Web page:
Curriculum and Instruction

English Language Arts (ELA)



Contacts:  

Gina DeLorenzo, Curriculum Coordinator   gdeloren@k12.wv.us

Sherry Copley, Curriculum Coordinator       srcopley@k12.wv.us



Email easyCBM class list changes to: srcopley@k12.wv.us




Progress Monitoring with Oral Reading Fluency:


Words Correct Per Minute (WCPM) – the “canary in the coal mine” for identifying issues with overall reading

  • uses regular classroom texts
  • requires students to read aloud for one minute from an unpracticed passage of text.
  • is an extremely time-efficient and reliable way to track students' fluency —and their overall reading ability

While it may be surprising that a one-minute assessment can be so informative, WCPM has been shown, in both theoretical and empirical research, to serve as an accurate and powerful indicator of overall reading competence — especially through its strong correlation with comprehension. Its validity and reliability have been well established in a body of research extending over the past 25 years (Fuchs et al., 2001; Shinn, 1998).


To calculate the WCPM score, the examiner subtracts the total number of errors from the total number of words read in one minute.


Errors:

  • Errors are any word that is omitted, mispronounced, or substituted for another word
  • Words transposed in a phrase count as two errors (e.g., reading "laughed and played" instead of "played and laughed").
  • Each time a word is read incorrectly it is counted as an error.
  • Words read correctly that are repeated more than once, errors self-corrected by the student, words inserted by the student that do not appear in the text, and words mispronounced due to dialect or speech impairments are not counted as errors.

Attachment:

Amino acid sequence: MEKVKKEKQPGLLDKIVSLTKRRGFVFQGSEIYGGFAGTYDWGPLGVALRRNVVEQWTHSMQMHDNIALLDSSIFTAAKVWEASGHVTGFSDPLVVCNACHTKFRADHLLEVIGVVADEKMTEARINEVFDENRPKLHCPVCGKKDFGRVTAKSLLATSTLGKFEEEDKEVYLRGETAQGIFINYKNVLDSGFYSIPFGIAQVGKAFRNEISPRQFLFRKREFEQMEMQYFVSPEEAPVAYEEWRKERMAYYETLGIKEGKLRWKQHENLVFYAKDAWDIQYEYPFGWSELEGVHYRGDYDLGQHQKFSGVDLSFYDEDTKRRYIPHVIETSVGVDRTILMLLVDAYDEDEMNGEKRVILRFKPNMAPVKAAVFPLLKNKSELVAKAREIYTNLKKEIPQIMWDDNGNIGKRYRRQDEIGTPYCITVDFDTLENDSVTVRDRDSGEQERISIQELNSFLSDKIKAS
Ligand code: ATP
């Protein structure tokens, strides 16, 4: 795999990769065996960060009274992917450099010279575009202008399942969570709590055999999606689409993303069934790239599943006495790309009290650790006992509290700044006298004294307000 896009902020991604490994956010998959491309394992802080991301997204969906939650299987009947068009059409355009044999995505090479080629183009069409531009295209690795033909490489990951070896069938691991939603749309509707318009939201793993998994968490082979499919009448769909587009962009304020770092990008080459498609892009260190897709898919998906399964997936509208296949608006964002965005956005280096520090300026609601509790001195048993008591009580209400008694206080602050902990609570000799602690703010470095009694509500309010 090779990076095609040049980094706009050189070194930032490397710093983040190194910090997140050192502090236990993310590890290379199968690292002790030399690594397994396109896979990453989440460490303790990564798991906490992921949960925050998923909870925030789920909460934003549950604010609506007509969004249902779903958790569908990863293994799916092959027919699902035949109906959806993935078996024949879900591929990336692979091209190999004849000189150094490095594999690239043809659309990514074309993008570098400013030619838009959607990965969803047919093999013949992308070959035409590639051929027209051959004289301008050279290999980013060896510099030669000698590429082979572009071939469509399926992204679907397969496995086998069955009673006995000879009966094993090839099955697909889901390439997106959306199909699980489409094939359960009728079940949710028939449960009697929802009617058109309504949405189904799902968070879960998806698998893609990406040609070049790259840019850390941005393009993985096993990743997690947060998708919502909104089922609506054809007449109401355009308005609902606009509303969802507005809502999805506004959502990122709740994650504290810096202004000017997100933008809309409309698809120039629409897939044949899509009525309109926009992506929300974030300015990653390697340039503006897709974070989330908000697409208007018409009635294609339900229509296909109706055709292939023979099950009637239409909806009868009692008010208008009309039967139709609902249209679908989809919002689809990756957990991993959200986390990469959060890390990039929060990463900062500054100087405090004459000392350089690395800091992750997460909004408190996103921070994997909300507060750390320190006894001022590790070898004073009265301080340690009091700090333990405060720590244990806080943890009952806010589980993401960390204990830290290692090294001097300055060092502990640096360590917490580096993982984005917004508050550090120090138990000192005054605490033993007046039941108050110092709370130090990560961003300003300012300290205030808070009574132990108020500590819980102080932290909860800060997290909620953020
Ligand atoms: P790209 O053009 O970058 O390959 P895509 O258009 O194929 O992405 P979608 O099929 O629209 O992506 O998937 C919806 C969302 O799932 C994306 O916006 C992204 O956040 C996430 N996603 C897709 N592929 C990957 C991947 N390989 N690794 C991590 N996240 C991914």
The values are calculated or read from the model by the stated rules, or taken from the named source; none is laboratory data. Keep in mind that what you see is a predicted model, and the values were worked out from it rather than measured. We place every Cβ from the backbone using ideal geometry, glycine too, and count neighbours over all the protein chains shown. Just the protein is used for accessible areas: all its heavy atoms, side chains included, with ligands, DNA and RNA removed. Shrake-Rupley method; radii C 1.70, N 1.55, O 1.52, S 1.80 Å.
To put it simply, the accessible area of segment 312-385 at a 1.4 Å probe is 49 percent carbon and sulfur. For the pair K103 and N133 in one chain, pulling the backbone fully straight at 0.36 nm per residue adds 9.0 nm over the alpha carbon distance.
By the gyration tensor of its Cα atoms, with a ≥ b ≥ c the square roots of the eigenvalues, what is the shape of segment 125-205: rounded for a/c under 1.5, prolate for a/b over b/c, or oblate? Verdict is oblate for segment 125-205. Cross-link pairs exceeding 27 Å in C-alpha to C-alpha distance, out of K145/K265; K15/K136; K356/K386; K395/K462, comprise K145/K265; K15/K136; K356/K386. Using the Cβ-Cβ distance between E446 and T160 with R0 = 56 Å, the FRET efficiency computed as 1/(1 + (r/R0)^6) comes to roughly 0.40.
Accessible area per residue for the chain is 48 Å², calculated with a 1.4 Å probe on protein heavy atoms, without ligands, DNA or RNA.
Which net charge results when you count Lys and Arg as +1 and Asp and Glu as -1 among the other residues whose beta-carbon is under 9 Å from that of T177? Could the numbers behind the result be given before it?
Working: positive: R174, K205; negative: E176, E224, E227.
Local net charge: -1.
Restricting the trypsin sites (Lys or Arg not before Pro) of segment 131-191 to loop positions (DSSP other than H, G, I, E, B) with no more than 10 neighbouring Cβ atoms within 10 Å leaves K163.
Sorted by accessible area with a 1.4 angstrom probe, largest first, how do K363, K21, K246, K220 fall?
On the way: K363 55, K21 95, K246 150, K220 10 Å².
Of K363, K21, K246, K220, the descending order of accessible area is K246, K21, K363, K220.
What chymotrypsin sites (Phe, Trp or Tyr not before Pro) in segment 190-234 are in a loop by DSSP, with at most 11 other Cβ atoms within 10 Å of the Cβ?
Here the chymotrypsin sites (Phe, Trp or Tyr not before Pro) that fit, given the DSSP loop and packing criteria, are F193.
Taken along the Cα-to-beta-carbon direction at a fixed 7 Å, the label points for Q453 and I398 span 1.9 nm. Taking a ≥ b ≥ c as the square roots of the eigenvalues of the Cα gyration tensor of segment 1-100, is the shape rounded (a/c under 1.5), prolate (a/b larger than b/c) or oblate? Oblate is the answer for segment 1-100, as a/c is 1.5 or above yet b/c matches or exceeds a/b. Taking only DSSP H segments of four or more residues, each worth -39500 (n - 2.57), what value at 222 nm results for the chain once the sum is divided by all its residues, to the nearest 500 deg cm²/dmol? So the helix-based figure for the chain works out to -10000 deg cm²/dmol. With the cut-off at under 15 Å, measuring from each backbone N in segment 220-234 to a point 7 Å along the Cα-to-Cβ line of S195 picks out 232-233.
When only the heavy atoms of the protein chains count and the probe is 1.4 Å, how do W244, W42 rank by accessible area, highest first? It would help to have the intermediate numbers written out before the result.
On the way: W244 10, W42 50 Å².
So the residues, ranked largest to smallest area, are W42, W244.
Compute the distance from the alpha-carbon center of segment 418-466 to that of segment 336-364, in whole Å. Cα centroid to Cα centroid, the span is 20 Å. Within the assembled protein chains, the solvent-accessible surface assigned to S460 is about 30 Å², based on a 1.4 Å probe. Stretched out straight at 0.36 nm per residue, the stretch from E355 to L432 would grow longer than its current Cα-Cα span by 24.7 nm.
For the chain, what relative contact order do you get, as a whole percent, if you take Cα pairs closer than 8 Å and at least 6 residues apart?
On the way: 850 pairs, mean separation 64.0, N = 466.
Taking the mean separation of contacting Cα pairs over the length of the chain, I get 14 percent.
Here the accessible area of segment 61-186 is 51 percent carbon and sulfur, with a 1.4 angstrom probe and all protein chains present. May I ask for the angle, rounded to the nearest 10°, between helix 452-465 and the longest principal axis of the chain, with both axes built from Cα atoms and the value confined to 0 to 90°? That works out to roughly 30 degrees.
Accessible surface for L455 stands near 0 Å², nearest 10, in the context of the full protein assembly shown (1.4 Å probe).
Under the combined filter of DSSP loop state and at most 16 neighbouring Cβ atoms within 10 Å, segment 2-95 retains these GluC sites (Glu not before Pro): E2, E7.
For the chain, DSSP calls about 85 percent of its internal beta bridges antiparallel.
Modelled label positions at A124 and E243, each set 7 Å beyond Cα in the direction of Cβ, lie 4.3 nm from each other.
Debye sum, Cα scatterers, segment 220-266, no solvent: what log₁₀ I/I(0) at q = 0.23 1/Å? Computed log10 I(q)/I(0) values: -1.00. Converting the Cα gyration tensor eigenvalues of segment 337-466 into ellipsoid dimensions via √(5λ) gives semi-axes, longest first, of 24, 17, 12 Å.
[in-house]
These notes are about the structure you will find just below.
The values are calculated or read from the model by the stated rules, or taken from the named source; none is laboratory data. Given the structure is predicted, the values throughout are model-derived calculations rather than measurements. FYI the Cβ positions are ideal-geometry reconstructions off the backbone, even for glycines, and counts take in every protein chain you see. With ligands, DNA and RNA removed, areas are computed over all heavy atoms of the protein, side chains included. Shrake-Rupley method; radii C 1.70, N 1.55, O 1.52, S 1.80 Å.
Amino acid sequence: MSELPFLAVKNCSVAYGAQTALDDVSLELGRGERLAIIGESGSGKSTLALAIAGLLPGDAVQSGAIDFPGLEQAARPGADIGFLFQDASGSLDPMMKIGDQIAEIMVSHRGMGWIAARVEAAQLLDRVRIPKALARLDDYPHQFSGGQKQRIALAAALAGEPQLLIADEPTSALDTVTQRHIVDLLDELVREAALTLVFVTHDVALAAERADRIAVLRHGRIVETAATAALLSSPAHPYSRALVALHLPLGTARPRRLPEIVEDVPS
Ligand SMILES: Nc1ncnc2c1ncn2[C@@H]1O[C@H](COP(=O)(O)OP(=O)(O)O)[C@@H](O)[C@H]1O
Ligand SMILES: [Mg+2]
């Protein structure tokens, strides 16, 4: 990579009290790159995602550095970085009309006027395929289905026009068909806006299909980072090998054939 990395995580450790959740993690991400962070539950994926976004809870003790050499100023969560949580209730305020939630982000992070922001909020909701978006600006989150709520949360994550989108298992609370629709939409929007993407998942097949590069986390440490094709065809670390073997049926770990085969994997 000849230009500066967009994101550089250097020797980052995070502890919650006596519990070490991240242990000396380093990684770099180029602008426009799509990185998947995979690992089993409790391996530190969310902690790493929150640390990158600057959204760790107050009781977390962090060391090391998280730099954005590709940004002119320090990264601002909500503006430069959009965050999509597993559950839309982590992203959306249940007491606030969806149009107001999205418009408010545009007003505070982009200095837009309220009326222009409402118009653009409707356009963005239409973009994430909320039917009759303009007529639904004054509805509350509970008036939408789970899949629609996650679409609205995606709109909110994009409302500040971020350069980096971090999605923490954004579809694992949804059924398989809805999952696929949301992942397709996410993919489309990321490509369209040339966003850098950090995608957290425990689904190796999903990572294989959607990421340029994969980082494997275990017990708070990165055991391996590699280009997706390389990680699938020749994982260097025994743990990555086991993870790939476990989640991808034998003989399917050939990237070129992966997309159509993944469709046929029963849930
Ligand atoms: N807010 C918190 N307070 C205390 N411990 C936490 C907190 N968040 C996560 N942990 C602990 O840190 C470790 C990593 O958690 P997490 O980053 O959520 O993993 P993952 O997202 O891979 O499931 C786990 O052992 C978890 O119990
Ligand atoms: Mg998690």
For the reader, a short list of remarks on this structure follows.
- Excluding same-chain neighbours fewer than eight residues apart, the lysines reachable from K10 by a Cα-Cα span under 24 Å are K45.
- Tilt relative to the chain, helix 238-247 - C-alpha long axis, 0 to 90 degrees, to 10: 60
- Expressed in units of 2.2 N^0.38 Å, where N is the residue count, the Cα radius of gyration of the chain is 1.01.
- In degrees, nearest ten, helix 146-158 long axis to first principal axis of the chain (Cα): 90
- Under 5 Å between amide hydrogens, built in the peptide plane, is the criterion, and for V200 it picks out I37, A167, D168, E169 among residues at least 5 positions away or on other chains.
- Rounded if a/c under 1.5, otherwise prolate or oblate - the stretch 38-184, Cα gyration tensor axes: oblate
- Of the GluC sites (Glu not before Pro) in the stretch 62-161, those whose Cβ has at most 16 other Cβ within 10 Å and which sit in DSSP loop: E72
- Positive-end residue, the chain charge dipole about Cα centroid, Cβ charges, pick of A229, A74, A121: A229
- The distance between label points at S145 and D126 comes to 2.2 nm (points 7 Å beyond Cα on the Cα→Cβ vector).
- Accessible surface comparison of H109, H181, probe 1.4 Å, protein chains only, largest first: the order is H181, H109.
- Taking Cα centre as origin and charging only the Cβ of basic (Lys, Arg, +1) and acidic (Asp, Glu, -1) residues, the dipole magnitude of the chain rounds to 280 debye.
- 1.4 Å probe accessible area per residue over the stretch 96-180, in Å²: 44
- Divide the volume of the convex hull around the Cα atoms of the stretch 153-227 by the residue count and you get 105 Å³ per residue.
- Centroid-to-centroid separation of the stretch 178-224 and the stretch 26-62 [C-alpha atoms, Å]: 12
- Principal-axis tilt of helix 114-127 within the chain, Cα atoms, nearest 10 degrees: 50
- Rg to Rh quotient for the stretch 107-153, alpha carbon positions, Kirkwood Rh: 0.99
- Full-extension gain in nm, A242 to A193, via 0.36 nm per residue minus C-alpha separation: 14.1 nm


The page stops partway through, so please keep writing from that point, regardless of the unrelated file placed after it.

Hasbrouck, Jan. "Understanding and Assessing Fluency." Reading Rockets. N.p., n.d. Web. 24 Feb. 2016. <http://www.readingrockets.org/article/understanding-and-assessing-fluency>. Reading Rockets is funded by a major grant from the U.S. Department of Education, Office of Special Education Programs.


For screening, passages are selected from text at the student's grade level.


For diagnosing, passages are selected at the student's instructional level (which may be lower than her grade level). In this context, instructional level text is challenging but manageable, with the reader making errors on no more than one in 10 words (i.e., the reader is successful with 90 percent of the text) (Partnership for Reading, 2001).


For progress monitoring, passages are selected at a student's individually determined goal level. For example, if an 8th-grade student's instructional level is at the 5th-grade level, the teacher may conduct the progress monitoring assessments using passages at the 6th-grade level.


Many educators have found WCPM to be a better tool for monitoring students' progress than traditional standardized measures that typically are time-consuming, expensive, only administered infrequently, and of limited instructional utility (Good, Simmons, and Kame'enui, 2001; Tindal and Marston, 1990).


Hasbrouck, Jan. "Screening, Diagnosing, and Progress Monitoring for Fluency: The Details." Reading Rockets. N.p., n.d. Web. 24 Feb. 2016. <http://www.readingrockets.org/article/screening-diagnosing-and-progress-monitoring-fluency-details>.



Links to norms: 


For more information on oral reading fluency measures, click on the links below: 

WCPM Handout Link